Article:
- Graphs are powerful tools for conveying data, but they can be misused to mislead rather than inform.
- Misleading graphs can manipulate visual proximity, distort data, and omit important details.
- Examples of misleading graphs related to COVID-19 include the misuse of logarithmic scales, inaccurate data representation, and manipulation of timeframes.
- When interpreting graphs, it’s crucial to consult reliable data sources, examine the scale and labels, and consider the complete dataset.
Graphs are an essential tool for visually representing data and conveying complex information in a simplified manner. They are widely used in various fields, from scientific research to business presentations, to help audiences grasp trends, patterns, and relationships. However, as the saying goes, “There are three kinds of lies: lies, damned lies, and statistics.” Graphs, like any form of visual representation, can be misused and manipulated to distort the truth. In this article, we will explore the world of misleading graphs, focusing on examples related to the COVID-19 pandemic. By understanding how graphs can be misleading, we can become more critical consumers of visual data and avoid being misled by deceptive representations.
An Act of Omission
One common way that graphs can be misleading is through acts of omission. This occurs when important information is deliberately left out or misrepresented, leading to a distorted interpretation of the data. Let’s examine an example related to COVID-19.
The graph in question was posted on Twitter by @Carnage4Life, with the caption “You can teach an entire semester of how to lie with statistics with the y-axis of this chart.” Upon closer inspection, we can identify the problem. The y-axis of the graph has uneven intervals, giving it a flattened appearance. To provide clarity, we can recreate the graph with correct intervals on the y-axis. Additionally, the original graph used a logarithmic scale similar to the one used by a Fox News graphic. Logarithmic scales are appropriate when graphing orders of magnitude, but they must be labeled accurately to avoid misleading interpretations. In this case, the scale was not clearly labeled, and it started at y = 30, potentially minimizing the significance of data points.
The “Data” is In…
In some instances, misleading graphs are not a result of intentional deception but rather a misinterpretation or misrepresentation of the data. Let’s examine a graph shared by Jacksonville FL mayor Lenny Curry on Twitter (@lennycurry) that appeared to show declining COVID-19 cases in Florida.
At first glance, the graph seems unremarkable. However, the issue lies in the data behind it. During the early stages of testing in Florida, strict requirements were in place, leading to limited testing and a skewed representation of COVID-19 cases. As testing restrictions loosened and became more widespread, the number of negative test results also increased significantly. However, the graph only displays percentages, not counts, making it problematic. Negative results were counted multiple times, creating a misleading perception of declining cases. Whistleblower Rebekah Jones, a former employee of the Florida Department of Health, highlighted these discrepancies and provided alternative figures on her website. The conflicting interpretations of the data underscore the importance of accessing accurate and comprehensive datasets and the challenges of navigating conflicting information.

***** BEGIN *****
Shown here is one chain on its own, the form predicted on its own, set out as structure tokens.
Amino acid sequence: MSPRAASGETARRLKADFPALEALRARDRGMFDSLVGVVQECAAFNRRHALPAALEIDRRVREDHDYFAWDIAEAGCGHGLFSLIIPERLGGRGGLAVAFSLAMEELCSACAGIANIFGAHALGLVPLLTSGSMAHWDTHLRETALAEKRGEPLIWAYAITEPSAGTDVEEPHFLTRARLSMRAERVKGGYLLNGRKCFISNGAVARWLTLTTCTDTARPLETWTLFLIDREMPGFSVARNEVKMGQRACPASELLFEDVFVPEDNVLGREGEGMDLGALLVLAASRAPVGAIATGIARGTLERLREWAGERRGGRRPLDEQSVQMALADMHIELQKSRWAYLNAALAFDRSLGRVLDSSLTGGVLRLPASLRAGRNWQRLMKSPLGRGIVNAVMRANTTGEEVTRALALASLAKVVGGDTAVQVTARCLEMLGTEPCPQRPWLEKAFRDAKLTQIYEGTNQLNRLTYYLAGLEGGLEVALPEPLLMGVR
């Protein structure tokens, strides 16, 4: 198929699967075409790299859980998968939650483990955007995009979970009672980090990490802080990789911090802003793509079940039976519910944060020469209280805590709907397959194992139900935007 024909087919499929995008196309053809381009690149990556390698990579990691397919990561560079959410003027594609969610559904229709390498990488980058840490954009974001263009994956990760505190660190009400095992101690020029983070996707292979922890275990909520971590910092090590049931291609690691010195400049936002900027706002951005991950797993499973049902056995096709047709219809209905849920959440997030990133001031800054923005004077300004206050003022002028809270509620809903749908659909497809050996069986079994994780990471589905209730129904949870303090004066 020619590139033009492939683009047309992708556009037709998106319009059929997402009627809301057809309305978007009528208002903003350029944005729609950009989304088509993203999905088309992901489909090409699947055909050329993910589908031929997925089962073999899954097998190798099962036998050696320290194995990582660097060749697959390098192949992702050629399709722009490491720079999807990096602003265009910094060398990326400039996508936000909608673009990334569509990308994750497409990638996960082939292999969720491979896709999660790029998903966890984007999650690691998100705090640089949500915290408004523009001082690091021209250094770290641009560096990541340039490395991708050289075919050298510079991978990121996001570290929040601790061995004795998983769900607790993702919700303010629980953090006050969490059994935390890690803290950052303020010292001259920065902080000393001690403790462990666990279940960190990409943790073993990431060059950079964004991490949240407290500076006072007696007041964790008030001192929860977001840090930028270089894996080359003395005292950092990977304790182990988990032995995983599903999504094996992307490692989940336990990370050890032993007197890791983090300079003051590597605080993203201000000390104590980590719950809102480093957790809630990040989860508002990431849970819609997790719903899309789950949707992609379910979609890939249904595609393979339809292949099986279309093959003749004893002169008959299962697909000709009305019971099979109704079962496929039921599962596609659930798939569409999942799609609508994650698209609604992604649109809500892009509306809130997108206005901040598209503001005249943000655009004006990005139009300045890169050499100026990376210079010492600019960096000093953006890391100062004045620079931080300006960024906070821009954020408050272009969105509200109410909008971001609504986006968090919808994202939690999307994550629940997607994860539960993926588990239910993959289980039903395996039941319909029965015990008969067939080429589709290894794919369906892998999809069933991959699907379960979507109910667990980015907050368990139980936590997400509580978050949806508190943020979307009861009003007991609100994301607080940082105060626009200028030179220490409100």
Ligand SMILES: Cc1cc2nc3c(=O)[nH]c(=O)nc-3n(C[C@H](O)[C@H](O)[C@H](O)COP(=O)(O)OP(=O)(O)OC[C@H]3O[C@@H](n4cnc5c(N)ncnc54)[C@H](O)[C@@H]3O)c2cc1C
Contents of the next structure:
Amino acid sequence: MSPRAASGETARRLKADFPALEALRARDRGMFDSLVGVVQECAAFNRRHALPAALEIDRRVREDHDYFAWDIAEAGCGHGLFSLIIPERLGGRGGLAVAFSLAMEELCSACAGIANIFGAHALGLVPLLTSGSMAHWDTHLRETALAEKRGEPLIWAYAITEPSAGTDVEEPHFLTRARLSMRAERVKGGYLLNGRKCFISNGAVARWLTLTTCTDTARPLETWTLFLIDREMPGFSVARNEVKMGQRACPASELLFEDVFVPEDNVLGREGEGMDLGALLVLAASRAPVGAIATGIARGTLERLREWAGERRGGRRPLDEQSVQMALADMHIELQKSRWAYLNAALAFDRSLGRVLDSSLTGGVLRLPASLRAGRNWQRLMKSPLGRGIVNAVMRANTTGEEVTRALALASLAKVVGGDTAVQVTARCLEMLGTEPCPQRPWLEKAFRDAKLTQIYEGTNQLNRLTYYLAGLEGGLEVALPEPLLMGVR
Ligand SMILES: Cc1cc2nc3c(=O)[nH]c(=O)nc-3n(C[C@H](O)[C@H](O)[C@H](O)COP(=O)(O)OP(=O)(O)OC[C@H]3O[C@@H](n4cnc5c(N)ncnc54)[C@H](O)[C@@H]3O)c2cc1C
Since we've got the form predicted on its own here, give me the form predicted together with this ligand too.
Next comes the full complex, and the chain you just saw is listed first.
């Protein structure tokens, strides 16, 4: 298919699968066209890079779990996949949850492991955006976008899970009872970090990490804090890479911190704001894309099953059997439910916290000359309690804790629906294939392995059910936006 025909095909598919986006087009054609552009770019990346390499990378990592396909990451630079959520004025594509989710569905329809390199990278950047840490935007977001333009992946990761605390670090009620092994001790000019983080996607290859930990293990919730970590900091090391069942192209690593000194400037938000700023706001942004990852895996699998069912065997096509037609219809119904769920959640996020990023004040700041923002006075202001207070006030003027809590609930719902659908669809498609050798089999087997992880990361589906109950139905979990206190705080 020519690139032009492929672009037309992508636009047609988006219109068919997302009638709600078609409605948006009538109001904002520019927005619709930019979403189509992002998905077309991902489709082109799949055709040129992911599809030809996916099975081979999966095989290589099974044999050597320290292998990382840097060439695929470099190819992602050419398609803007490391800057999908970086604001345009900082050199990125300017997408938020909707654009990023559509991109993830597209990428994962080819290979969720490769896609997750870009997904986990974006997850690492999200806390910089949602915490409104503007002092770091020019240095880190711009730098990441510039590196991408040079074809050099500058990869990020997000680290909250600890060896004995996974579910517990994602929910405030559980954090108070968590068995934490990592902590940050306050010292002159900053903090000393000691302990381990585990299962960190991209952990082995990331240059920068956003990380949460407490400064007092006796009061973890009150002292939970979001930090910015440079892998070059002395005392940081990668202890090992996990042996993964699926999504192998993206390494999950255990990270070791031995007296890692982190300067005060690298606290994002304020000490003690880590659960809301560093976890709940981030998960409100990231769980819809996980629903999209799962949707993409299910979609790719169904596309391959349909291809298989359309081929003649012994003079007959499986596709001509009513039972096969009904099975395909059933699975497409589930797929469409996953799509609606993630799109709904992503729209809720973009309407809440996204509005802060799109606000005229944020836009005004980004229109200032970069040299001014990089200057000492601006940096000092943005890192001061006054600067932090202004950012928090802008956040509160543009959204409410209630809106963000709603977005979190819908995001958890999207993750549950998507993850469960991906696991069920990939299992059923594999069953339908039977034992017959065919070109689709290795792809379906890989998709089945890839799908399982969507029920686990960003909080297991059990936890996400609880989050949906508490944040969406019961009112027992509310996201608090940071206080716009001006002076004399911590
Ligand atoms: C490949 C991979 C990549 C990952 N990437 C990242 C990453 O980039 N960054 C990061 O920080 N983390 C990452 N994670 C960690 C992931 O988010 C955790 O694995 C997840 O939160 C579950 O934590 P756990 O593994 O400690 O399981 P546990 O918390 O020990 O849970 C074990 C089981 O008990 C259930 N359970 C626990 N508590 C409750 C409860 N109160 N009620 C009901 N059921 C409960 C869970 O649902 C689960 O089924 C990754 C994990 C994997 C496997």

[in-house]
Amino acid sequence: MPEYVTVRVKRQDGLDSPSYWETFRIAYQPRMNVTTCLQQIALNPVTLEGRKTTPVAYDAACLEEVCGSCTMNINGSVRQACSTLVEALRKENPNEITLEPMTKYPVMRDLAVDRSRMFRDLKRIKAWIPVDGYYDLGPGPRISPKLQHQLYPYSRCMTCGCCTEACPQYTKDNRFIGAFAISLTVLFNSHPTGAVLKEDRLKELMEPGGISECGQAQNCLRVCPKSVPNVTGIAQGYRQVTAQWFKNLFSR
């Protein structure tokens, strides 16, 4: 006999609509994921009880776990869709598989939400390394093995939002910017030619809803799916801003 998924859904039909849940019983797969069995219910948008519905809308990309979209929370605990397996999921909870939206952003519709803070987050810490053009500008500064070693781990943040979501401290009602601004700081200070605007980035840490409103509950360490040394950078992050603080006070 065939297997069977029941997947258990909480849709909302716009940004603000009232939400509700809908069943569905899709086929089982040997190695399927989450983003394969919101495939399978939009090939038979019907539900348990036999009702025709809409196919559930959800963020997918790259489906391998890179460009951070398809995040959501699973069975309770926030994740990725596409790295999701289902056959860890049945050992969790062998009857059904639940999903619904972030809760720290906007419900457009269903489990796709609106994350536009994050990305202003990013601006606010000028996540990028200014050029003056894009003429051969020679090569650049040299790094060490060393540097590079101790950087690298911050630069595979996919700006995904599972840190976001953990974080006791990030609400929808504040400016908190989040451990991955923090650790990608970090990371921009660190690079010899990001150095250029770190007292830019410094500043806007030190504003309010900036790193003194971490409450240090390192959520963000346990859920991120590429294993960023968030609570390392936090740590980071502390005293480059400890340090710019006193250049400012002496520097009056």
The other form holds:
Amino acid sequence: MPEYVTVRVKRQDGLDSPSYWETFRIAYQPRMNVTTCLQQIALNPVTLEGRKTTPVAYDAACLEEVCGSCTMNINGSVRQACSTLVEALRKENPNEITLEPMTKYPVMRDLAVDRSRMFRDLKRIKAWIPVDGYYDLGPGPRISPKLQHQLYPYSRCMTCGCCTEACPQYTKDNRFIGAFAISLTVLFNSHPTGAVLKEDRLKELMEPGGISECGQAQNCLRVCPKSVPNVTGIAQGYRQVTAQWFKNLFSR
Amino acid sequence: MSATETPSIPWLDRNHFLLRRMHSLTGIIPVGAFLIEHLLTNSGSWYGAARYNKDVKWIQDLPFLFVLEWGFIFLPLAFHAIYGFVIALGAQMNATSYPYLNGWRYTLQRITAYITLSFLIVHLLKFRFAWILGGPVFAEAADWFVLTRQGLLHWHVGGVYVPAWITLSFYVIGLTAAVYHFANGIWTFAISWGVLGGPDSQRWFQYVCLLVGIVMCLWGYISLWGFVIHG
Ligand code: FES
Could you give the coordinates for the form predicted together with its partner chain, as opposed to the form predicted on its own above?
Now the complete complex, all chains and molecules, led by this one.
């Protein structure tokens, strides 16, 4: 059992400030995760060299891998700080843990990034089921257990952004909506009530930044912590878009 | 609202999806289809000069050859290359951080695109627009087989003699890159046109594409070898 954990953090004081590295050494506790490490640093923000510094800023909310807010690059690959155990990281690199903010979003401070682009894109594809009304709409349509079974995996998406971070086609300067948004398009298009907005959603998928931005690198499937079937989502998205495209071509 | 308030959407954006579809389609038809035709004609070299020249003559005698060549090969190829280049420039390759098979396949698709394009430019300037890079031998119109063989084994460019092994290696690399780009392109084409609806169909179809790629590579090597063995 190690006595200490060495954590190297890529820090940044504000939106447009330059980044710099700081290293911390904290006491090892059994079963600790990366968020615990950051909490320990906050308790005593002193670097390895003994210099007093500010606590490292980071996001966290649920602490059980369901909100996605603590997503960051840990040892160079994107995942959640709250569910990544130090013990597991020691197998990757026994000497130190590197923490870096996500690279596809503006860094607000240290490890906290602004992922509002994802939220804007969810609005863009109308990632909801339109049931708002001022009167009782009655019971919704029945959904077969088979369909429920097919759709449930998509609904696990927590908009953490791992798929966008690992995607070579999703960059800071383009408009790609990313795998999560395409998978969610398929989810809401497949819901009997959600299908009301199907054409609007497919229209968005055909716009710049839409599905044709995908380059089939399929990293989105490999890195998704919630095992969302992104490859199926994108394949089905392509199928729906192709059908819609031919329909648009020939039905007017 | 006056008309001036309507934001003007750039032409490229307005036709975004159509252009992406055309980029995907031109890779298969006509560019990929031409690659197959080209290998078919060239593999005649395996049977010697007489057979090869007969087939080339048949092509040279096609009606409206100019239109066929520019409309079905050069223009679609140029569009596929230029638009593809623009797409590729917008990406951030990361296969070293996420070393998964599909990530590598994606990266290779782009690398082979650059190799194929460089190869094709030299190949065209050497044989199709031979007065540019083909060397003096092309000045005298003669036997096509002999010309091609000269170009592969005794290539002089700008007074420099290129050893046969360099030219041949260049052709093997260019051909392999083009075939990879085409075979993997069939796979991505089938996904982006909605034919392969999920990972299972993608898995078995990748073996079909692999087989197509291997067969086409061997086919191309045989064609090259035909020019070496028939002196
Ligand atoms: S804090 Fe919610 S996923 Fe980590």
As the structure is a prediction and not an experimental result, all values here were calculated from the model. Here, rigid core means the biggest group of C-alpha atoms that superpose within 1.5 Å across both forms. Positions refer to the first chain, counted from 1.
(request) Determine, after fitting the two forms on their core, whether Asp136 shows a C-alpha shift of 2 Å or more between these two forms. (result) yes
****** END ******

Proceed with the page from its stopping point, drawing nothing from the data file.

Georgia’s Trends are Just Peachy
Another tactic used in misleading graphs is the manipulation of axes and timelines. The State of Georgia found itself embroiled in controversy when a graph surfaced, showcasing a “staircase” effect caused by inconsistent ordering of dates on the x-axis.
According to the Associated Press, Georgia’s graph used time travel, with dates hopping back and forth along the x-axis, creating a distorted representation of the data. The colored bars on the graph were also arranged differently for each date, further complicating the interpretation. State Representative Jasmine Clark criticized this manipulation, emphasizing the importance of data integrity and accuracy. The AP recreated the graph with the correct ordering of dates, demonstrating the misleading nature of the original representation.
Misleading graphs can have far-reaching consequences, especially in the context of a global pandemic like COVID-19. They can create confusion, sow doubt, and even contribute to the spread of misinformation. As consumers of visual data, it is essential to approach graphs with a critical eye and be aware of the techniques used to distort information. To avoid being misled, consider the following best practices:
- Verify the data sources and consult reliable information.
- Examine the scale and labels of the graph for accuracy.
- Consider the complete dataset rather than relying on selective or partial representations.
- Be aware of the potential biases and agendas behind the graph’s creation.
By fostering a critical mindset and promoting data literacy, we can navigate the world of graphs more effectively and make informed decisions based on accurate information. Remember, the true power of graphs lies in their ability to inform and enlighten, but it is up to us to discern the truth behind the visual representations.